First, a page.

FREE 7.3 Q&A – Mark Huntley

The Green Mountains of Vermont are old and wise, bearing witness for centuries to the tears and joys of those who call it home. In winter, hidden sorrows whisper faintly through raw pine and maple, yet are kindly muted by fresh, fallen snow. And in summer a verdant lushness covers the scars of devastation with prolific, dense renewal, changing shortly thereafter to glorious harvest hues. It is one of many places where life unfolds. “Wherever you are, there you are,” ponders AP affiliated colleague Mark Huntley, and it is the Green Mountain State where his life and work firmly remain.

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    FREE 7.3 Q&A – Mark Huntley

    FREE 7.3 Q&A – Mark Huntley

    There’s no place like home.

    The Green Mountains of Vermont are old and wise, bearing witness for centuries to the tears and joys of those who call it home. In winter, hidden sorrows whisper faintly through raw pine and maple, yet are kindly muted by fresh, fallen snow. And in summer a verdant lushness covers the scars of devastation with prolific, dense renewal, changing shortly thereafter to glorious harvest hues. It is one of many places where life unfolds. “Wherever you are, there you are,” ponders AP affiliated colleague Mark Huntley, and it is the Green Mountain State where his life and work firmly remain.

    FREE: How did you start in financial services?
    Mark Huntley: I was 30 years old and moved to New York City from my home state of Vermont to play in an underground band. From there, I followed my wife, who was my girlfriend at the time, out to LA. She was a producer for infomercials. I didn’t know what I was going to do, so I just tried different jobs. I did a bunch of telemarketing for six months to a year and I thought to myself, “I’m really good at this. I think I could sell something.” So that led me to my first license back in 1988 to sell oil and gas limited partnerships. It was not the best thing to talk to people about, but it was a good firm and I got my beak wet. I went from there to a financial planning firm that did a lot of annuities and estate planning in Marina Del Rey. I was there for five years, got my licenses and then went on to Dean Witter. So each step that I took led me closer to financial services. From Dean Witter, I went to Prudential Securities to Raymond James, who I was with for 14 years.

    FREE: So while you were with Raymond James in California, you moved back to the East Coast to start a business in Manhattan?
    MH: Yes, Raymond James allowed me and a couple of other brokers to start a company in Manhattan called Client Preservation and Marketing. We found that a lot of insurance companies couldn’t keep assets on their books; so, we came up with this idea to call annuity customers and, before their [fixed] annuities came due, we’d offer them a new annuity with higher earnings potential. The insurance companies said great, you do all the work. So we came up with the marketing plan, we even helped them write the new annuity—what it was and the guidelines around it—and we got a few really big contracts from different insurance companies.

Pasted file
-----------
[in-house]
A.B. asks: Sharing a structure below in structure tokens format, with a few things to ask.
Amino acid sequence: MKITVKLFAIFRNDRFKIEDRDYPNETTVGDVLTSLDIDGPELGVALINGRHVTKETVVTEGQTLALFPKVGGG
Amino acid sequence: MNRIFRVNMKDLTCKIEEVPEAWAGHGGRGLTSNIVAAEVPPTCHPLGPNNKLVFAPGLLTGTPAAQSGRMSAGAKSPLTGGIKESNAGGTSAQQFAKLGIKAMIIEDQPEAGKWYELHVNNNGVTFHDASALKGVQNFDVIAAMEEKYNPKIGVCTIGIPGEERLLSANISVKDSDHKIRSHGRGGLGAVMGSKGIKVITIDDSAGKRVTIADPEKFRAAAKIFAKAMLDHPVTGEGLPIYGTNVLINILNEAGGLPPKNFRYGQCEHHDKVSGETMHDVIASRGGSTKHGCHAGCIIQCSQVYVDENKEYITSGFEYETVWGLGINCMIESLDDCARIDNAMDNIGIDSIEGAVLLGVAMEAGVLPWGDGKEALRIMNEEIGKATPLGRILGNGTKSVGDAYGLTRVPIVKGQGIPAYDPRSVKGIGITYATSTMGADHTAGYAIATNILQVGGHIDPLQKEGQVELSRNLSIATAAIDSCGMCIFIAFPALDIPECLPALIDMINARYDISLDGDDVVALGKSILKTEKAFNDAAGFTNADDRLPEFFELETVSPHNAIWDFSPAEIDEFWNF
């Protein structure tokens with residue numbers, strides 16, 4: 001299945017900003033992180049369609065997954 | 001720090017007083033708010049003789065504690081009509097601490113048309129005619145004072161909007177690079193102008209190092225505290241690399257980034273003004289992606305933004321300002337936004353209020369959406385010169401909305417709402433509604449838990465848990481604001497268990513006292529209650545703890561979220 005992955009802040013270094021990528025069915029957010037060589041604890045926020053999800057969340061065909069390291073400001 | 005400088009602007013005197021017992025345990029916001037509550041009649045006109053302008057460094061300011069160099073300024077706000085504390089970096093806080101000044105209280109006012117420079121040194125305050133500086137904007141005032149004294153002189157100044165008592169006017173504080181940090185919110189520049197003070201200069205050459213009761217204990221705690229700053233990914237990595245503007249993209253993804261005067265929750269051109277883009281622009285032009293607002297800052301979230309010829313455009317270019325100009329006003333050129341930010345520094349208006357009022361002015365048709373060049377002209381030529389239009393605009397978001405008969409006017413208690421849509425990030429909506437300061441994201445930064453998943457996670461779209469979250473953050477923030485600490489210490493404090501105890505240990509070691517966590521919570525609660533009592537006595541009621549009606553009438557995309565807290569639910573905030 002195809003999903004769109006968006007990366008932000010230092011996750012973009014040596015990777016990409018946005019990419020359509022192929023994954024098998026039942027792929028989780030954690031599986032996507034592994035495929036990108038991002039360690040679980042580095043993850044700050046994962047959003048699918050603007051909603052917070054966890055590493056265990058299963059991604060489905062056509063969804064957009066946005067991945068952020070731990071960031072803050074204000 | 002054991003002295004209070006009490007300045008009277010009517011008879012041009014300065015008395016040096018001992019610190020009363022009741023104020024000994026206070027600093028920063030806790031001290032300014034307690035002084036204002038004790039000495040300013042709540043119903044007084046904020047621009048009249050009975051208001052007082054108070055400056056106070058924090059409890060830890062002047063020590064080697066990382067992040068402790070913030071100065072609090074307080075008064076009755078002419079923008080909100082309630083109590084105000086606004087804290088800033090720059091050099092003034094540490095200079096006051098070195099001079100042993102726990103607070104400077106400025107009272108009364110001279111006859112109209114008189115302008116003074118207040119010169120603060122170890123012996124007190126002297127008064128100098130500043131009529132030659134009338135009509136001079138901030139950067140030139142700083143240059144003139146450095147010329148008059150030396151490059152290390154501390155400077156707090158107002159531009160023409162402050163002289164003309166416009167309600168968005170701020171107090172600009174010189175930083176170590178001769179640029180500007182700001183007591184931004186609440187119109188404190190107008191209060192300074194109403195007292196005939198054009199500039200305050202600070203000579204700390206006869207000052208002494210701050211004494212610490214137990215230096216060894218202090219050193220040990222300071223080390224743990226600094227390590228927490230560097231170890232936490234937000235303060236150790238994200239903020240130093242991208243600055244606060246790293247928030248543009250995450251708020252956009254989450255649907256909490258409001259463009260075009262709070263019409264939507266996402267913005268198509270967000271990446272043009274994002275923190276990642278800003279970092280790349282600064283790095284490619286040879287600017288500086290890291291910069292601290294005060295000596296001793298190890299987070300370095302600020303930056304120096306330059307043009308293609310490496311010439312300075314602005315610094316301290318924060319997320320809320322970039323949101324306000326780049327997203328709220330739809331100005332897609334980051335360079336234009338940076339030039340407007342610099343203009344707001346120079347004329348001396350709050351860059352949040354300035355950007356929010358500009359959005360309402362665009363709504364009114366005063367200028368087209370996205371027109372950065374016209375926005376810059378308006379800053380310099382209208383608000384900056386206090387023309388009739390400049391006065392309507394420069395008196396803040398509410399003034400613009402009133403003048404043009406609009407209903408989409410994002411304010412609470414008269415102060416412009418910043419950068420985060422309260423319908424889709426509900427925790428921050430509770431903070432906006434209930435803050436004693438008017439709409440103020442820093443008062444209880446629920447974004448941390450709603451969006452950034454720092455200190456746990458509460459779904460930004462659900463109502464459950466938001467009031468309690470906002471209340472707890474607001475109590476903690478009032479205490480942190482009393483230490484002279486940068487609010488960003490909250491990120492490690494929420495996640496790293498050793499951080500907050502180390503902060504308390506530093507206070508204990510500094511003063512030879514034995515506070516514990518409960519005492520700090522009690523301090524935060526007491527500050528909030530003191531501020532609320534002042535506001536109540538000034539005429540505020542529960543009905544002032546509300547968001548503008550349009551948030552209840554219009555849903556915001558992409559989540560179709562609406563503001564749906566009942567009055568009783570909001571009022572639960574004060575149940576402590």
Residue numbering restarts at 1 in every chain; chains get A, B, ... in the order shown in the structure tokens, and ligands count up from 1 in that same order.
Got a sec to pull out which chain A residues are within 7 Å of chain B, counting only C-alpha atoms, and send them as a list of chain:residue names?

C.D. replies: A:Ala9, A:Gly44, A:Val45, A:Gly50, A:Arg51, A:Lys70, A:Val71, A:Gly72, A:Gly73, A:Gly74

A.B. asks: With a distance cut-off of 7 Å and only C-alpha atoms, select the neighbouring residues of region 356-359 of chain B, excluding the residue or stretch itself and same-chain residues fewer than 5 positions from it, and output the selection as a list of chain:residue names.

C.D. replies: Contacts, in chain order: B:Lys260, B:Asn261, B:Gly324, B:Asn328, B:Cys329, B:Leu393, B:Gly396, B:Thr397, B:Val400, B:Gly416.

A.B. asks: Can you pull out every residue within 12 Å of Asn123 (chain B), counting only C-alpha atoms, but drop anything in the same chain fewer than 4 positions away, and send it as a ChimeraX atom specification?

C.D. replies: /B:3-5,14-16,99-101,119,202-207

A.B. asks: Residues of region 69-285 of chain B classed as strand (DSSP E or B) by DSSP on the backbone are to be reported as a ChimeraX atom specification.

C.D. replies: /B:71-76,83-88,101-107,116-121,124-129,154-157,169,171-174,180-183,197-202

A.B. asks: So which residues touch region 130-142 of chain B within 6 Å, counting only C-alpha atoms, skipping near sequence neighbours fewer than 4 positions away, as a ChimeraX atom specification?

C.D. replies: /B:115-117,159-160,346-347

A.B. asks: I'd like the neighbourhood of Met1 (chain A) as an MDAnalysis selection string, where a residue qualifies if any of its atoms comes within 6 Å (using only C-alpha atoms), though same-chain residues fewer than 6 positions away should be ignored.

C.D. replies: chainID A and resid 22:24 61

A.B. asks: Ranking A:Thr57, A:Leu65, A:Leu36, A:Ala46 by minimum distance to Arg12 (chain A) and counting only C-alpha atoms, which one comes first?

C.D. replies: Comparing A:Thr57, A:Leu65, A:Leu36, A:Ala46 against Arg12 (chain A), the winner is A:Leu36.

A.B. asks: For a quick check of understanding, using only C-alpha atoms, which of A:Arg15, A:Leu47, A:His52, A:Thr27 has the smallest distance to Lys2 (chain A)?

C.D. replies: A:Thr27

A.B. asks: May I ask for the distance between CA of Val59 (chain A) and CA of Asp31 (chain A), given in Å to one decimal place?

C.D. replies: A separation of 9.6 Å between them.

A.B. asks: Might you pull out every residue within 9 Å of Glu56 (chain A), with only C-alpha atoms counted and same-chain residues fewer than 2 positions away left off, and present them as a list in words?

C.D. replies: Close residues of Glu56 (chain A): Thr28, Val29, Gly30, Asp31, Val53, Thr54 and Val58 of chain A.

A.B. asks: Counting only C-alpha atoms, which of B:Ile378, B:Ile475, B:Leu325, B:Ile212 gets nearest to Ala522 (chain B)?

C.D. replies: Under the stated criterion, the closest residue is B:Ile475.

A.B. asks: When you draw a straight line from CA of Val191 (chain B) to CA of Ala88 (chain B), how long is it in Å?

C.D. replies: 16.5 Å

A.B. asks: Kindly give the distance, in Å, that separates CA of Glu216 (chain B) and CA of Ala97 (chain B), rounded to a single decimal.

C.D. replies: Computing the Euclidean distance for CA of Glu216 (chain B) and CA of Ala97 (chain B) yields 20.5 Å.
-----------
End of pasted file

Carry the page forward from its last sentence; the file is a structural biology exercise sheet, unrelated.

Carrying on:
FREE: How did you find your way back to Vermont?
    MH: I ended up coming back to Manhattan from the West Coast, running Client Preservation and Marketing, and bringing my family back east. I always wanted to go back to Vermont to raise my family. For better or worse, Vermont was my home. It was where I was raised. I wanted out of New York to concentrate on building my practice. So, I opened a small little shop in Ludlow, Vt., right in the heart of this little town, which is a half-mile strip of stores and shops on both sides. I’m in a condominium complex out of a building that is more than 140 years old that you could imagine sitting out on the street in 1882. It’s a really cool little spot.

    FREE: After 14 years with a firm that you had a good run with, what prompted the change to American Portfolios?
    MH: I was going to do my own RIA, but felt that would be a lot more work than I wanted; I also felt that I needed a broker/dealer affiliation with more independence—somewhere in between totally being on my own with the RIA, but still being able to go to a national conference to bounce ideas off of other brokers. At Raymond James I had a lot of great relationships: I learned how to be in the business, how to manage portfolios, and how to work with people and with firms. It was the genesis of my career and a big part of why I stayed so long; however, I started researching other firms for about a year and narrowed it down to about five; American Portfolios was among those five.

    FREE: What did AP have that other firms didn’t?
    MH: Other places were saying, “Oh, we want you, you’re a good producer, you have a clean record and 14 years with Ray James.” They had some really great offers on the table. AP, on the other hand, said “Well, why don’t you come down and talk to us first?” I was thinking to myself, “What?” Yet, there was something intriguing about that … I respected that. They felt I’d be a good fit for them and wanted me to feel they were a good fit for me. The truth is, when I looked at these other offers of 100-percent payouts, by the time they were stripped down and I had what I wanted, it was back down to still losing another 10 or 15 percent. So, to me, it was stepping over dollars to pick up pennies.